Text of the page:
Yemen, Sana'a, 24 July 2017  Walid Abdel Malek is young, polite and courteous. Despite some very tough years, he gracefully cruises through hardship keeping a brave face for the sake of his wife and three daughters. He cannot afford rent or a lot of food for his family, but his daughters look at him in awe. “They know our situation, they rarely ask for anything,” he says. “If one of them wanted something and I said I had no money, they accept and just walk away.” The law school graduate and his family were evicted from their rented houses twice after failing to pay the rent. Now, they live in a humble house in the Bani al-Harith district, north of Sana’a. The landlord has allowed them to stay there for free.  Originally from Taiz in central Yemen, Walid had been working in Sana’a before war broke out more than two years ago. Fearing for the life of his family, with conflict most intense in their area, he brought them all to Sana’a. Walid, a government employee, has not been paid for the past ten months. Millions of public employees have not received their full salaries since September 2016. His family, like the millions of Yemenis who are dependent on these salaries, no longer have a sustainable source of income. “I never wake them up. If I wake them up they would say they wanted to eat dinner.” The family now lives on a small income he makes working as a taxi driver on a rented car, which he struggles to pay the rent for every month. “We’ve been through some rough months, we had nothing in the house — no furniture, no food and no money,” he says. “Sometimes I would stay late for work and when I come home and find [the children] sleeping, I say to myself ‘let them sleep until the morning’. I never wake them up. If I wake them up they would say they wanted to eat dinner,” he says. “In the morning, the neighbours would usually bring us bread or something.”  The family depend almost entirely on the food assistance they receive from the World Food Programme. Since they are displaced, they receive a ration of wheat flour, pulses and oil, which keeps them stocked for a good part of the month. “Today is the end of the month, we do not have much food left now but at least we do know that some help will be on the way soon,” he says, as his wife prepares lunch. When there is no money and their food assistance has run out, they depend on the generosity of their neighbours.  As Walid’s family set up lunch, they are keen on inviting their guests to share the small, humble meal that is barely enough for their family of five. “We have very little, but it’s enough to keep us going,” he says.  In the Photo: Walid’s graduation photo (right), propped up on a shelf in an old closet that his neighbours gave him  Photo: WFP/Marco Frattini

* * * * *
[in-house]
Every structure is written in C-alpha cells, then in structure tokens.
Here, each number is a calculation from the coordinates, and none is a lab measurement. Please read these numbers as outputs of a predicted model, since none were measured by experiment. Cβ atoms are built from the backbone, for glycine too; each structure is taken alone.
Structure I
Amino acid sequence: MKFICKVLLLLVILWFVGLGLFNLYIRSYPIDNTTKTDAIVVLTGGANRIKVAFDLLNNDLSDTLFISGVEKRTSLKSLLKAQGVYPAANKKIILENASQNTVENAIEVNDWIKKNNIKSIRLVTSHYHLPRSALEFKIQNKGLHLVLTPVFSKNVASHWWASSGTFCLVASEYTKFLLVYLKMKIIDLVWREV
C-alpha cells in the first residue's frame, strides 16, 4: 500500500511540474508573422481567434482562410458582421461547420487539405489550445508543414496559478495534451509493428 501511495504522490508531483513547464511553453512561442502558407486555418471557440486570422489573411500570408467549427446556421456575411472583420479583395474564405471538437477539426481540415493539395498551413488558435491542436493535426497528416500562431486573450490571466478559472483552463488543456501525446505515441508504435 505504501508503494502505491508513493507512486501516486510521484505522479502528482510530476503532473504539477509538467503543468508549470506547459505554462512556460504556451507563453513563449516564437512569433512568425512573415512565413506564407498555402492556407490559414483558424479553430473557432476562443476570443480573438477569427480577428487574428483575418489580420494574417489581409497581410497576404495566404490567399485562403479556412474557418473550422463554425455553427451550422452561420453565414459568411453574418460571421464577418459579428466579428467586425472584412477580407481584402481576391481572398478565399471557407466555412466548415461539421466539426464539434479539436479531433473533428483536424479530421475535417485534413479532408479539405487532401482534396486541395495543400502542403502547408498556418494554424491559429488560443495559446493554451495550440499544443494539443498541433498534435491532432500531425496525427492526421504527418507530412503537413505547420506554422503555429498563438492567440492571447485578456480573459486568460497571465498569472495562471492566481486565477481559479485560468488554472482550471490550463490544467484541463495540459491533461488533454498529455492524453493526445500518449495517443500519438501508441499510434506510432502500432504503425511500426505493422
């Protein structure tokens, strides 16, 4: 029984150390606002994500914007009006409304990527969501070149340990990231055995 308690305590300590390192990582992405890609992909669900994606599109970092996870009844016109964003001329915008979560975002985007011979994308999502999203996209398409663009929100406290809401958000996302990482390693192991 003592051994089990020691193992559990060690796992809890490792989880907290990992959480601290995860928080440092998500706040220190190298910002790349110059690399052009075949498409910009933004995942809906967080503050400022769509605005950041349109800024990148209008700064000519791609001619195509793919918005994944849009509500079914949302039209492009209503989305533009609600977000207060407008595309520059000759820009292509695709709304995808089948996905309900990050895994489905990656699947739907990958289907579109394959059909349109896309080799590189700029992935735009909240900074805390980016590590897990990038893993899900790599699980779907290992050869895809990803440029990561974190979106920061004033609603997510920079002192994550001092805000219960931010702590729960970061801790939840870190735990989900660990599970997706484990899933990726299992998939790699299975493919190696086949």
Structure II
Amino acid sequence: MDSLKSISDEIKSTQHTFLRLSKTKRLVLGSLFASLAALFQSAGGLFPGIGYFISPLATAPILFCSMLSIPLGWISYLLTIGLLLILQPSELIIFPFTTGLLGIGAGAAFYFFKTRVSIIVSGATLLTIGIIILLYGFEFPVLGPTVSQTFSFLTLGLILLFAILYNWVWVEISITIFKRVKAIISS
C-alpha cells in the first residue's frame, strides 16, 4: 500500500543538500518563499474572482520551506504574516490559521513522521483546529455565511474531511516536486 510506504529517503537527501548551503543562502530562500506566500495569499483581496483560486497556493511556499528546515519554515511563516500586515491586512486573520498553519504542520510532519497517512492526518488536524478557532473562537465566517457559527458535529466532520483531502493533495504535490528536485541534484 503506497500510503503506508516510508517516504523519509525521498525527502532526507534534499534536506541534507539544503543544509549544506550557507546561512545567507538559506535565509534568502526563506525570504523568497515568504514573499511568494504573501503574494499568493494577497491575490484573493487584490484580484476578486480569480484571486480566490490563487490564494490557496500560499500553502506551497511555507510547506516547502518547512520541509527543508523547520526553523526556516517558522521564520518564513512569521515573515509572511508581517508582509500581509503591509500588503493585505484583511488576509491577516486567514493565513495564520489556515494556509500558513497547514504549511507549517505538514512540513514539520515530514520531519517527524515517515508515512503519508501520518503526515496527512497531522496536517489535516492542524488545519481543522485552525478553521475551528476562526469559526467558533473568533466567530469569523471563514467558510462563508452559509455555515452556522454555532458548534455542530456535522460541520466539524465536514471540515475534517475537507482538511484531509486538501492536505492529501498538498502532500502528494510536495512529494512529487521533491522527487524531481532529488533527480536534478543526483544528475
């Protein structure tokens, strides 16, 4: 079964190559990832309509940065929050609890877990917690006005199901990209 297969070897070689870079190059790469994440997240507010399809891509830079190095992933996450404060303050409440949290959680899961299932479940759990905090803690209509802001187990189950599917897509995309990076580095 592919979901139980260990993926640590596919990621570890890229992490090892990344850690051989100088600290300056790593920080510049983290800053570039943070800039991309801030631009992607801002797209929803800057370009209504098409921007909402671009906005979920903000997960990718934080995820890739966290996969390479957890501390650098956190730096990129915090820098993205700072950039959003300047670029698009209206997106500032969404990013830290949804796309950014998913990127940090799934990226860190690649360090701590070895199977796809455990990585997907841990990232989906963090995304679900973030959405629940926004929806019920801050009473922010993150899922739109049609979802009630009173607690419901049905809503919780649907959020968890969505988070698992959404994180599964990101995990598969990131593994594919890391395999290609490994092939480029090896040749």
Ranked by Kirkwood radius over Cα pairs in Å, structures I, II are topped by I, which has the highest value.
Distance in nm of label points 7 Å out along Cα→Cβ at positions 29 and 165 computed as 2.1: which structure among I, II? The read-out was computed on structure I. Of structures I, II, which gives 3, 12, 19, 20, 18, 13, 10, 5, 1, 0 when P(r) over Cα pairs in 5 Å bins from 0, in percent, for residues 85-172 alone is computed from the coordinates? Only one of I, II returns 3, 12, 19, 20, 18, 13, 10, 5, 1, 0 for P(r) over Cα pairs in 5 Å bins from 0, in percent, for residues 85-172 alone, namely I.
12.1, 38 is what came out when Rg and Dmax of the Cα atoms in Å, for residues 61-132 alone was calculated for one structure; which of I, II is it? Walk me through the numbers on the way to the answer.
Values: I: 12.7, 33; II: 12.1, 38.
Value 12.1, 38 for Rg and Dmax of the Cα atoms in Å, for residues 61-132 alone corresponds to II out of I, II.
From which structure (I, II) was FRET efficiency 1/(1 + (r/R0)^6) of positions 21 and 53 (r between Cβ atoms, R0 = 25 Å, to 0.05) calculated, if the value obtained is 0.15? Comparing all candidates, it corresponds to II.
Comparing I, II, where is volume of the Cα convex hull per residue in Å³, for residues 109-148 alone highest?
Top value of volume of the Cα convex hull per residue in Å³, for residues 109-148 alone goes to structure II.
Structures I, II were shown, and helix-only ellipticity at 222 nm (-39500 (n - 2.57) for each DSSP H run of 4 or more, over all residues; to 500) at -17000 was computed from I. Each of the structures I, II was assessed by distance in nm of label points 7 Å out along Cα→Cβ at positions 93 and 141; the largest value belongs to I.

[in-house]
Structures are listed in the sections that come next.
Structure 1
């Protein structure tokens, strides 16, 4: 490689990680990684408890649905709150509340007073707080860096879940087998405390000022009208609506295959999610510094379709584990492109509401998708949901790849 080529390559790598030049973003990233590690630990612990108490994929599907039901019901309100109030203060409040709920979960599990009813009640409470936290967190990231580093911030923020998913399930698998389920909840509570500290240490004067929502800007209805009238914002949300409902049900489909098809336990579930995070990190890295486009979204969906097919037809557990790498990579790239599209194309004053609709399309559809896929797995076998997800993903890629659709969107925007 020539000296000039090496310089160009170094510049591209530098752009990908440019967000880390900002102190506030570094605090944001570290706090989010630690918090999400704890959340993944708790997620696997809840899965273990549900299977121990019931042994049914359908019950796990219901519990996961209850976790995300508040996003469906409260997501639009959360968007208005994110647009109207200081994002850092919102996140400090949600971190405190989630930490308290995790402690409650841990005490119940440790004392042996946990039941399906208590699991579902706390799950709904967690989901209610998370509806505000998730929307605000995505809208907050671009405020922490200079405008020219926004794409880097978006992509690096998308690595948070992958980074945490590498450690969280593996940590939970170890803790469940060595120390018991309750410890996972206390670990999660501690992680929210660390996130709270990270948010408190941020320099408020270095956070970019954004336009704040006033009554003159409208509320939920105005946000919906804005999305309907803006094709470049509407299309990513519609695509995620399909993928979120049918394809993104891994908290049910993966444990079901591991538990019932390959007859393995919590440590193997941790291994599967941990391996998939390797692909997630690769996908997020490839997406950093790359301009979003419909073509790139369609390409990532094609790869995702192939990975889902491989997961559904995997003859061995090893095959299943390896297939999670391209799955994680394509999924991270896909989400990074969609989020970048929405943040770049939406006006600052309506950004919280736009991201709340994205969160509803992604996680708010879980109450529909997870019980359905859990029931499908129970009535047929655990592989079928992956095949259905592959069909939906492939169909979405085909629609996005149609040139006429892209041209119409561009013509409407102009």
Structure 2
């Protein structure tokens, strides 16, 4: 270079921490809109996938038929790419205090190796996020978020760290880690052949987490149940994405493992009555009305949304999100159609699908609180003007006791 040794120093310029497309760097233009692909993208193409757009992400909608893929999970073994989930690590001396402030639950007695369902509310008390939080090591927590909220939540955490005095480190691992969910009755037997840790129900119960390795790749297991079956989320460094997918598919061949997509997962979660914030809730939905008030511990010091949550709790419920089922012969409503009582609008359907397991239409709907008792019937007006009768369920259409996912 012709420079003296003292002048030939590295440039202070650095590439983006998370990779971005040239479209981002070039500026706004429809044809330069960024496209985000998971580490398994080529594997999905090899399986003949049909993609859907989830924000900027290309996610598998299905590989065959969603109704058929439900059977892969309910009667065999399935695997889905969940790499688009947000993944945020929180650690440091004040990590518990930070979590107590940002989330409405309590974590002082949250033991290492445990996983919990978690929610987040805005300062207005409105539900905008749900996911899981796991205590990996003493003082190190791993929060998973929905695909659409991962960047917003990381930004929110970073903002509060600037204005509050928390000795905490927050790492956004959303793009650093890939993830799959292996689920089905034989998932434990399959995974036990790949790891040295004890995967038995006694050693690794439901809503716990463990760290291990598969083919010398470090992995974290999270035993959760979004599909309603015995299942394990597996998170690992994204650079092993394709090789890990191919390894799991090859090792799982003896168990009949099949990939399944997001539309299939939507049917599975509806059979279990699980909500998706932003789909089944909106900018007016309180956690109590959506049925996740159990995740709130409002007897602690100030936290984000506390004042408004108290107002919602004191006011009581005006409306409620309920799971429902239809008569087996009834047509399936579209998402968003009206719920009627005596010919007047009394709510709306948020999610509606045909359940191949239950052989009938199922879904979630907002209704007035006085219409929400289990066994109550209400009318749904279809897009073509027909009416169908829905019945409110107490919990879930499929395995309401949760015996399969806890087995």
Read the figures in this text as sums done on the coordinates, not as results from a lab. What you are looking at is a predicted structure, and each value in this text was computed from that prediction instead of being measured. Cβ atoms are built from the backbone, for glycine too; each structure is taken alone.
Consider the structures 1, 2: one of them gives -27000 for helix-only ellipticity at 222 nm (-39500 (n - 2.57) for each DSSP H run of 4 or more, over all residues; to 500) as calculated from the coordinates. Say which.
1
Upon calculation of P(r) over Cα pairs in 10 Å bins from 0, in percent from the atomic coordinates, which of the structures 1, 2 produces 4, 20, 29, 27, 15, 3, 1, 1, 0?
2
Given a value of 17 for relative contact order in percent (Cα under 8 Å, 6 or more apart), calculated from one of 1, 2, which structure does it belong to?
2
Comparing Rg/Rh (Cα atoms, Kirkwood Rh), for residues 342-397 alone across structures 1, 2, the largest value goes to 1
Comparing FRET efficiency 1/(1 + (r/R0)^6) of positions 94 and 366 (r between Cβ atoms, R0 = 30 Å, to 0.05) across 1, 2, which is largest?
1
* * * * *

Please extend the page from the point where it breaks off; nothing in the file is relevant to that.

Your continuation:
YEM_20170724_W....JPG
6144 x 4096 px 78.03 x 52.02 cm 6220.00 kb
 
Syria, Lattakia, 24 July 2017

From the onset of the Syrian crisis in 2011, WFP has been on the frontlines doing whatever it takes to deliver food to millions of people who need it. WFP is also implementing activities that aim to promote and restore livelihoods and food security with a long-term resilience-building goal.   WFP implements activities to address the specific nutritional needs of vulnerable groups, including in children below the age of 5 as well as pregnant and nursing women. This includes programmes to prevent and treat acute malnutrition and micronutrient deficiencies as well as a cash-based-transfer programme that allows pregnant women and nursing mothers to buy fresh food such as vegetables, dairy and meat, in order to increase their dietary diversity.  In the photo (from left to right): Muntaha, Nadia (11 months) and Rashid.  Nadia's mother, Muntaha, is 8 months pregnant and her family receives food from WFP through the pregnant and nursing women voucher program. Muntaha is Syrian Turkmenistan and her Arabic is a bit difficult.   Rashid and Muntaha got married in Jdaida village in rural Jisr El-Shughour in Idleb, they fled their home due to the ongoing clashes. Rashid arrived in Lattakia almost two years ago, he used to be a singer earning well enough to live in good conditions. He also know how to fix Satellite receivers which is his own source of income for the time being.  Photo: WFP/Hussam Al Saleh